Codes and standards specify criteria necessary to ensure that a product, material or process will consistently and safely perform its intended function. Although standards provide minimum design requirements, conforming to a standard is not always sufficient in preventing an accident. A key aspect of accident investigation consists in determining the applicable standards and whether it was satisfied in the subject instance. Our extensive research capabilities ensure that you will be provided with the appropriate standard. We will also assess whether the standard was satisfied and if compliance with the standard served as adequate protection.
We have a large library of codes and standards and extensive experience in their interpretation and application including:
- Extensive in house library of ANSI, ASTM & OSHA standards as well as national, state, and city building codes
- Active member of ANSI A14 Ladder safety standard committee
- SAE standards for autos and heavy construction vehicles
Through scientific analysis, we can help you answer pertinent questions such as:
- What are the applicable standards?
- How can I obtain the applicable standard?
- Has the standard in question been violated?
- Is the standard sufficient for the issue at hand.
Exterior Staircase Fall Down:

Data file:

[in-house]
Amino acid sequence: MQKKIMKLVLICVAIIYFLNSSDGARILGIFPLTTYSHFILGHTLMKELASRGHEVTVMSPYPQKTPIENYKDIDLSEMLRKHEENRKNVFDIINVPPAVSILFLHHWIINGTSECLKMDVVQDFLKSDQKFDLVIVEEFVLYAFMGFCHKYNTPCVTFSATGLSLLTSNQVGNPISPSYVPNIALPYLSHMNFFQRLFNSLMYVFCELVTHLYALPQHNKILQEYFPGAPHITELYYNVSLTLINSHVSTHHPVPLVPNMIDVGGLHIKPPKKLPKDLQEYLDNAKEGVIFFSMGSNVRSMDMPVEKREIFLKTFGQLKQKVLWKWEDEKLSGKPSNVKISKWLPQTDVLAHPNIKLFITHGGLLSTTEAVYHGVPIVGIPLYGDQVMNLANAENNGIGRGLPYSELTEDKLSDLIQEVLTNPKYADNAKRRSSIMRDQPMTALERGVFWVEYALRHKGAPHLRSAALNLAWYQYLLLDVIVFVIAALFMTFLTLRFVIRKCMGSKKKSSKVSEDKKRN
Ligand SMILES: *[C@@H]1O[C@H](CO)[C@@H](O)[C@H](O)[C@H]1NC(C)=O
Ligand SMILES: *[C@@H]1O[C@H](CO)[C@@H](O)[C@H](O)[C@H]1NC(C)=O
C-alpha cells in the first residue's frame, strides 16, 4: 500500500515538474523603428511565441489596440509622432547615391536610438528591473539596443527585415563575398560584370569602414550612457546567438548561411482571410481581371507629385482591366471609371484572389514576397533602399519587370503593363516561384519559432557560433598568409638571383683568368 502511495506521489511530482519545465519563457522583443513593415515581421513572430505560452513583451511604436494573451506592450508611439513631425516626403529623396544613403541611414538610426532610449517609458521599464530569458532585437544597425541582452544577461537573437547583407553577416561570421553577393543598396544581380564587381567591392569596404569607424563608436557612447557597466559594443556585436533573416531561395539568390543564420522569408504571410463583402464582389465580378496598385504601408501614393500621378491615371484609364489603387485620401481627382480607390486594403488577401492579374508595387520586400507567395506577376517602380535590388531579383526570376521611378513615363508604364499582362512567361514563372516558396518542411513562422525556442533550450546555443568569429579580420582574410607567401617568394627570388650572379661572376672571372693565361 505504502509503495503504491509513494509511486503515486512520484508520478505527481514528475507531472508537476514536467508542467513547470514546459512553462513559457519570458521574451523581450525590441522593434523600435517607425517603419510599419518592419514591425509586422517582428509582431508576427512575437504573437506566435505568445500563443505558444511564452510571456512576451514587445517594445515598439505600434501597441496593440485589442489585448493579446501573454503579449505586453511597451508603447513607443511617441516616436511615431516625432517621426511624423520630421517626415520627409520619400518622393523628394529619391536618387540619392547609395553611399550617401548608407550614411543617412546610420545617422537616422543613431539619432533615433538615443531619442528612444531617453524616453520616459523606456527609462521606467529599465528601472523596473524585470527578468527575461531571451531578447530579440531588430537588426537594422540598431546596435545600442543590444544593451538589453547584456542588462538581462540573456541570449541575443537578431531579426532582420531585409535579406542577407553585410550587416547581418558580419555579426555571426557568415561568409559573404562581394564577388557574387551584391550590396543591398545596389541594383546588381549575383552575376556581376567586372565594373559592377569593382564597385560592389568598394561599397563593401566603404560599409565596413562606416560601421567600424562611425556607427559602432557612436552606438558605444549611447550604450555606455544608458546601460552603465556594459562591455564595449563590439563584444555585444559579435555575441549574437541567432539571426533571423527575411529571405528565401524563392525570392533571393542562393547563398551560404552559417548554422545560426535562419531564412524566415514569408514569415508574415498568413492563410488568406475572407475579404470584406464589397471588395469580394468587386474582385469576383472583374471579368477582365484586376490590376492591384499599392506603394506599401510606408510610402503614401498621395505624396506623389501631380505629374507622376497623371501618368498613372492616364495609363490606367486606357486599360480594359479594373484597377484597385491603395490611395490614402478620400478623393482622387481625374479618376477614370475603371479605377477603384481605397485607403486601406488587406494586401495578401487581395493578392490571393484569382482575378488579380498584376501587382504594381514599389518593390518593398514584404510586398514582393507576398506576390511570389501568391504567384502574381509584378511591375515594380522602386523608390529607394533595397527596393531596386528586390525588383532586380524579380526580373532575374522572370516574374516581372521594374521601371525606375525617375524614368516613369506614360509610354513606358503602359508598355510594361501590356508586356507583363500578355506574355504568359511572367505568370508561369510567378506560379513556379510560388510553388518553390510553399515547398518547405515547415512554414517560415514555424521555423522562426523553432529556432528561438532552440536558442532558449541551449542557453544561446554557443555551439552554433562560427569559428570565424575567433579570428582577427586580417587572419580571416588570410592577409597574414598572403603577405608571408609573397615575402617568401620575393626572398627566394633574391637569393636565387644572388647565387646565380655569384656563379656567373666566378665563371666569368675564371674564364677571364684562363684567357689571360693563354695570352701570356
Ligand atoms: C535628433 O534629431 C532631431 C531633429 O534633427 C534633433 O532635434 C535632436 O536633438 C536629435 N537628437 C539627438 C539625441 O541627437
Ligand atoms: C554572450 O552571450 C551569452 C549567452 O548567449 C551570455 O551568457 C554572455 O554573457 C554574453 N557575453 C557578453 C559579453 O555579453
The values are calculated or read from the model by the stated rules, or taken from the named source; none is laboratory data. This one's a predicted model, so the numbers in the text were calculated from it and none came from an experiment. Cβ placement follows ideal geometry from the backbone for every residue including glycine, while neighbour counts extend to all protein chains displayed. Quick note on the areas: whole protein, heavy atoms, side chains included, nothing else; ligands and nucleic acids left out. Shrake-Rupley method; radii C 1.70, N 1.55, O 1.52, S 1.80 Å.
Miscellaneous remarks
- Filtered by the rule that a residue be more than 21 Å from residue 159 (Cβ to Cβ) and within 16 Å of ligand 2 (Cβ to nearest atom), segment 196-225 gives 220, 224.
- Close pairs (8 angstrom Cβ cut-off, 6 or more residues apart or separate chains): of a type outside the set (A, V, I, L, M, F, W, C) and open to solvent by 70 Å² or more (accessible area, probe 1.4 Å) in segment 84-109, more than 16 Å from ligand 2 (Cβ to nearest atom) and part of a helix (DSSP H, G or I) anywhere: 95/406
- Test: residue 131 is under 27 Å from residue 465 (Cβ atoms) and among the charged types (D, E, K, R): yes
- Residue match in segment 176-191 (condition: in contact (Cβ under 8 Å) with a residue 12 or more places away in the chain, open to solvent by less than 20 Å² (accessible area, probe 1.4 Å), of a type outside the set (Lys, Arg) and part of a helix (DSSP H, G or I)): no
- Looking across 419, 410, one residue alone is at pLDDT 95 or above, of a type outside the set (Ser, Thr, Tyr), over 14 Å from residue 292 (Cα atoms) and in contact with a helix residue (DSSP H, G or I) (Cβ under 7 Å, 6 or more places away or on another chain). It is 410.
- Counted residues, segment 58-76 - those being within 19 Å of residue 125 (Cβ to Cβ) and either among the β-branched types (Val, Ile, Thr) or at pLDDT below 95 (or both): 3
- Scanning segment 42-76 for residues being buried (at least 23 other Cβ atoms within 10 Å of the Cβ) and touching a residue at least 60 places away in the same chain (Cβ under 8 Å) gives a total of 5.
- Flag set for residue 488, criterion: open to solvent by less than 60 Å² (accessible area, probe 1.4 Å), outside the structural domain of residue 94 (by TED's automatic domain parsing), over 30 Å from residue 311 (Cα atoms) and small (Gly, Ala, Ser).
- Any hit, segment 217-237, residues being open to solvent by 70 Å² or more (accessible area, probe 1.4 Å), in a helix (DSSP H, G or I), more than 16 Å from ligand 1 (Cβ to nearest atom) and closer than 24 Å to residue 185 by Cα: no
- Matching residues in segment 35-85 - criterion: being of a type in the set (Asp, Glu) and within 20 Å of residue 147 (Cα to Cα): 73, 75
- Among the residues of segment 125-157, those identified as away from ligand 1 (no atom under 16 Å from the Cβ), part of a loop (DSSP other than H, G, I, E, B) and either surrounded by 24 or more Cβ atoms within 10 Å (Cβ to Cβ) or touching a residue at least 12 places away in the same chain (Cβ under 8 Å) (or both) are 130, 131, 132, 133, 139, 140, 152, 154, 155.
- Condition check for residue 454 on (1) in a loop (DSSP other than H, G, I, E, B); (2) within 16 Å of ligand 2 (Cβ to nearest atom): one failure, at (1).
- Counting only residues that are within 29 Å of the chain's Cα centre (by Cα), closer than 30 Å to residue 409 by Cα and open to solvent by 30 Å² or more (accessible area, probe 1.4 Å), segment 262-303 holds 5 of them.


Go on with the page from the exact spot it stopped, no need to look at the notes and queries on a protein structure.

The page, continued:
After exiting a building, an elderly woman descended an outdoor, wooden, wide set of stairs. While doing so, she lost her balance, fell, and was seriously injured. Upon inspection, we determined that the rise-height of the step where she fell was a half-inch higher than the previous steps. In addition, there was no handrail nearby. Both these items represented significant hazards and building code violations. The defendant settled the lawsuit after receiving our report.
Analysis of Current Ladder Safety Standard:
We have conducted tests and analyses to investigate the effectiveness of the ANSI ladder standards to address the dynamic flexibility of stepladders. Through physical testing and the use of finite element models of six and eight foot stepladders, we determined that the twist flexibility of most stepladders was far greater than necessary to safely accommodate uneven surfaces. We then showed that the increased flexibility contributed to the heightened potential for a three-leg contact instability.
Dr. Irving Ojalvo was, at the time of this article's publication, the Chairman of Technology Associates (www.technology-assoc.com), a forensic engineering firm with offices in New York City and Connecticut. The firm's technical personnel, all of whom have advanced degrees, perform accident reconstruction involving issues of biomechanics, mechanical, traffic, and human factors engineering.
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